Simulating the RNA mirror world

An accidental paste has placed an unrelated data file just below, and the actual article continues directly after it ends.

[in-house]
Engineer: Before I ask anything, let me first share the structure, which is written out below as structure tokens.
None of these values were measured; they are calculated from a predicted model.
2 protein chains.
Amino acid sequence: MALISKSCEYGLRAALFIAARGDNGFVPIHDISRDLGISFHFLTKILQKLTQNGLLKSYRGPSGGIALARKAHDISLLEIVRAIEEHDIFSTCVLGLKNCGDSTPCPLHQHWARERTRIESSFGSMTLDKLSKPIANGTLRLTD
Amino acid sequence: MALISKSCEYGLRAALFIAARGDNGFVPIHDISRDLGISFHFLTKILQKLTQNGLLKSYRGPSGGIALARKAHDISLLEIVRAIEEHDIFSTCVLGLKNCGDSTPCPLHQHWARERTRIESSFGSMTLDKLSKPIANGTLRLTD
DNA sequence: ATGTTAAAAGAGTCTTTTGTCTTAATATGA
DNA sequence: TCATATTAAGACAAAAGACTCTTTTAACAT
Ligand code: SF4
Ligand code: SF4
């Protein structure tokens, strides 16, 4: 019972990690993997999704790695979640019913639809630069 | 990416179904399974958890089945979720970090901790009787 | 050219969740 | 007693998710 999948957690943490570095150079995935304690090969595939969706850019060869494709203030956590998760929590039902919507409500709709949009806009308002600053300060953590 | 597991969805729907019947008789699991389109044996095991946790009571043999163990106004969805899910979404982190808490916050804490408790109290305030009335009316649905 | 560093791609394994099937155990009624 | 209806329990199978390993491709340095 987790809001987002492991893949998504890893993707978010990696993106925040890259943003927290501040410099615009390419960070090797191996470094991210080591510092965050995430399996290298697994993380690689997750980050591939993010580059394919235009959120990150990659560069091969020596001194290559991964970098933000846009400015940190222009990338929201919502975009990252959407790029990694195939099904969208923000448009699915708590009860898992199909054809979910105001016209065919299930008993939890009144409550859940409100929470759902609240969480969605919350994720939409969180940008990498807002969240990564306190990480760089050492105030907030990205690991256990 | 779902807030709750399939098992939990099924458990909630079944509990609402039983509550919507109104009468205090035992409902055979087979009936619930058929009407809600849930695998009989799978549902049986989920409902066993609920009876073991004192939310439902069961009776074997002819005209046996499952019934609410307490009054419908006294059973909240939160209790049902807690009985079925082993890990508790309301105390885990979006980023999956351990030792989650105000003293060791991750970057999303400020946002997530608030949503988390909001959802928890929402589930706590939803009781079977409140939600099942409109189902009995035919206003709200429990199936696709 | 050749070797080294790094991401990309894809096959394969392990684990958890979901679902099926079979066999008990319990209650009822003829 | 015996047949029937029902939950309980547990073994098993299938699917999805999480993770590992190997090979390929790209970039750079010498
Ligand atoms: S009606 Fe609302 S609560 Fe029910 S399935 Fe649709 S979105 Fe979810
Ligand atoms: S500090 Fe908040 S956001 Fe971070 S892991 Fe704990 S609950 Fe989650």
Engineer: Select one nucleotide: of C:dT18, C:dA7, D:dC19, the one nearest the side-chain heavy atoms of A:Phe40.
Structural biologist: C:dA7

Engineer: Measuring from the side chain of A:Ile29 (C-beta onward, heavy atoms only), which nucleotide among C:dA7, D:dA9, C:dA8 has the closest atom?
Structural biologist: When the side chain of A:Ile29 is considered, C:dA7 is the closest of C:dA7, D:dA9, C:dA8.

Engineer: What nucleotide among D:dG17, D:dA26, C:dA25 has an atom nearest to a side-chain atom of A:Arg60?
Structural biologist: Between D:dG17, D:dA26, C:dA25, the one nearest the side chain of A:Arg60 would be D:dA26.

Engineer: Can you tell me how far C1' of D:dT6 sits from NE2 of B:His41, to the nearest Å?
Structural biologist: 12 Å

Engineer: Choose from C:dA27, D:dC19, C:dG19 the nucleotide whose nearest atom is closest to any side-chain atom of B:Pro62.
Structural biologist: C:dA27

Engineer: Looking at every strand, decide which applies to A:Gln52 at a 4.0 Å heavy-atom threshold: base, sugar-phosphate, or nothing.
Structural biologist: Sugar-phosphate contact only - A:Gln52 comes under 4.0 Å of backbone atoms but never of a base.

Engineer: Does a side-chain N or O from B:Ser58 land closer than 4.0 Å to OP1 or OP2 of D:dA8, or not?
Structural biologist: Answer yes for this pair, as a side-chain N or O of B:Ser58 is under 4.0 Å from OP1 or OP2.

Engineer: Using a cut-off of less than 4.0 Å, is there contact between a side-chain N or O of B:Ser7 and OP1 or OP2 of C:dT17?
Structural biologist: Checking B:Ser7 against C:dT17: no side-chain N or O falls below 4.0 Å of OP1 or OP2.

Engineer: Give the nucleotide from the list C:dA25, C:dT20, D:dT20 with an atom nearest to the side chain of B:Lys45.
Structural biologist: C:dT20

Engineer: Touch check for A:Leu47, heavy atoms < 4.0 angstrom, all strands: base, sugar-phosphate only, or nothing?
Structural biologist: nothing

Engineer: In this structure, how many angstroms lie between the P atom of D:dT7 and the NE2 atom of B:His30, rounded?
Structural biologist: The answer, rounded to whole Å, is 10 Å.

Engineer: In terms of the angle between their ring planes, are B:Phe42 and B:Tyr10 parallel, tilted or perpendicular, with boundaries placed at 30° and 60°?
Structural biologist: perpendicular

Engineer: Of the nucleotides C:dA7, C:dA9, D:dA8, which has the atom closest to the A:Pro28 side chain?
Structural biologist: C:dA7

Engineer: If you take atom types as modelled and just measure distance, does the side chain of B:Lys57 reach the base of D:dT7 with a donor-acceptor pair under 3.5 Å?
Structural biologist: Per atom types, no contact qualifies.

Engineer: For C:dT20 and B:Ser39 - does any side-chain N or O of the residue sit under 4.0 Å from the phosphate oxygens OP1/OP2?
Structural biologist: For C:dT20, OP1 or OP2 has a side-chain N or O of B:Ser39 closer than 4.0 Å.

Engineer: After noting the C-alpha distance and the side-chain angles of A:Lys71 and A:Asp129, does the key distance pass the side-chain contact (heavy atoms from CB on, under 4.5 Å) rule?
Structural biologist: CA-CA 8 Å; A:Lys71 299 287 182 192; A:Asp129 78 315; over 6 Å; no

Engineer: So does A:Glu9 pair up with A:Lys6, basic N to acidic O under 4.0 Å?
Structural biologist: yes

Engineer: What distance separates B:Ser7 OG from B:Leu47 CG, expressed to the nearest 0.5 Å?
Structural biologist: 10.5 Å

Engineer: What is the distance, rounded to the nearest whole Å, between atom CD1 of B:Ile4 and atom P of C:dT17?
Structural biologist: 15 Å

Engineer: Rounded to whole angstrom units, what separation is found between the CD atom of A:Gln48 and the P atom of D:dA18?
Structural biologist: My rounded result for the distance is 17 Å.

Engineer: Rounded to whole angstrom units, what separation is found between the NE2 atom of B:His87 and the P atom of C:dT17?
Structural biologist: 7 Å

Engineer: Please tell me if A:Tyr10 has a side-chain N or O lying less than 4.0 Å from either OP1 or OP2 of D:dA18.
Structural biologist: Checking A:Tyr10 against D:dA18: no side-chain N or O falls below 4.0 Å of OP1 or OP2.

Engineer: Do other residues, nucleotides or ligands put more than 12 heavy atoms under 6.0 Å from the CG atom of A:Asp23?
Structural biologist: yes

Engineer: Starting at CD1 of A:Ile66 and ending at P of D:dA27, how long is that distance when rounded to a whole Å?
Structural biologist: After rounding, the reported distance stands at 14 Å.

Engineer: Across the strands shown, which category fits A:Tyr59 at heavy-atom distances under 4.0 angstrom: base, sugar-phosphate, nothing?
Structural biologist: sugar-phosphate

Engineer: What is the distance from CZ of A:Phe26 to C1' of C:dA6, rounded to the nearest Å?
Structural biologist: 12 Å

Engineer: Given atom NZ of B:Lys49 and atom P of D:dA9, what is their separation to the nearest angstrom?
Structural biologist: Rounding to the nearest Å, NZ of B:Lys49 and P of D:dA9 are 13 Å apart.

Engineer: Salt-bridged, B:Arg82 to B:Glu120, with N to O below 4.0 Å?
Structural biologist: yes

Nucleotides are chiral molecules that can exist in two enantiomeric forms, behaving like mirror-images to each other. Yet in nature nucleotides exist nearly exclusively in D-form and not in the opposite L-form. Natural enzymes only recognize D-nucleotides, making the L-form resistant to enzymatic degradation and modification. This biological inertness is an amazing property, especially for molecular research and for pharmaceuticals, but it also means that L-RNA cannot be recognized and polymerized by natural polymerases. Until now, this has been the major bottleneck limiting the use of L-RNA, but ongoing advances in mirror-image polymerase might soon allow the easy production of L-RNA molecules. Many current applications of D-RNA, e.g. sensors like RNA thermometers or pharmaceuticals like RNA aptamers, could be “mirrored” to L-RNA versions that do not interact with enzymes or natural RNA binding partners. However, aside polymerization, there are many other issues that hinder the spread of L-RNA into R&D. One drawback is that all computational methods were made for D-RNA. The current RNA forcefields used for Molecular Dynamics have symmetry breaks, making them unfit to simulate L-RNA. Our first aim is to test the simulation of L-RNA aptamers and develop or adapt programs to work with L-RNA. As a starting point, we are using Nox-E36, the most established L-RNA aptamer drug on the market working against inflammatory diseases and cancer, as a starting point. As the binding constants between Nox-E36 and its target , the human chemokine CCL2, as well as other CCL proteins are known, we are trying to fit our simulations to reflect the experimental data of Nox-E36, e.g. by using a forcefield modification that was specifically designed for L-RNA. As second step, we want to use the obtained simulation parameters to identify novel, chemically modified versions of Nox-E36 having a better affinity and/or specificity towards CCL2, showing that our simulation parameters can be universally adapted to L-RNA aptamers

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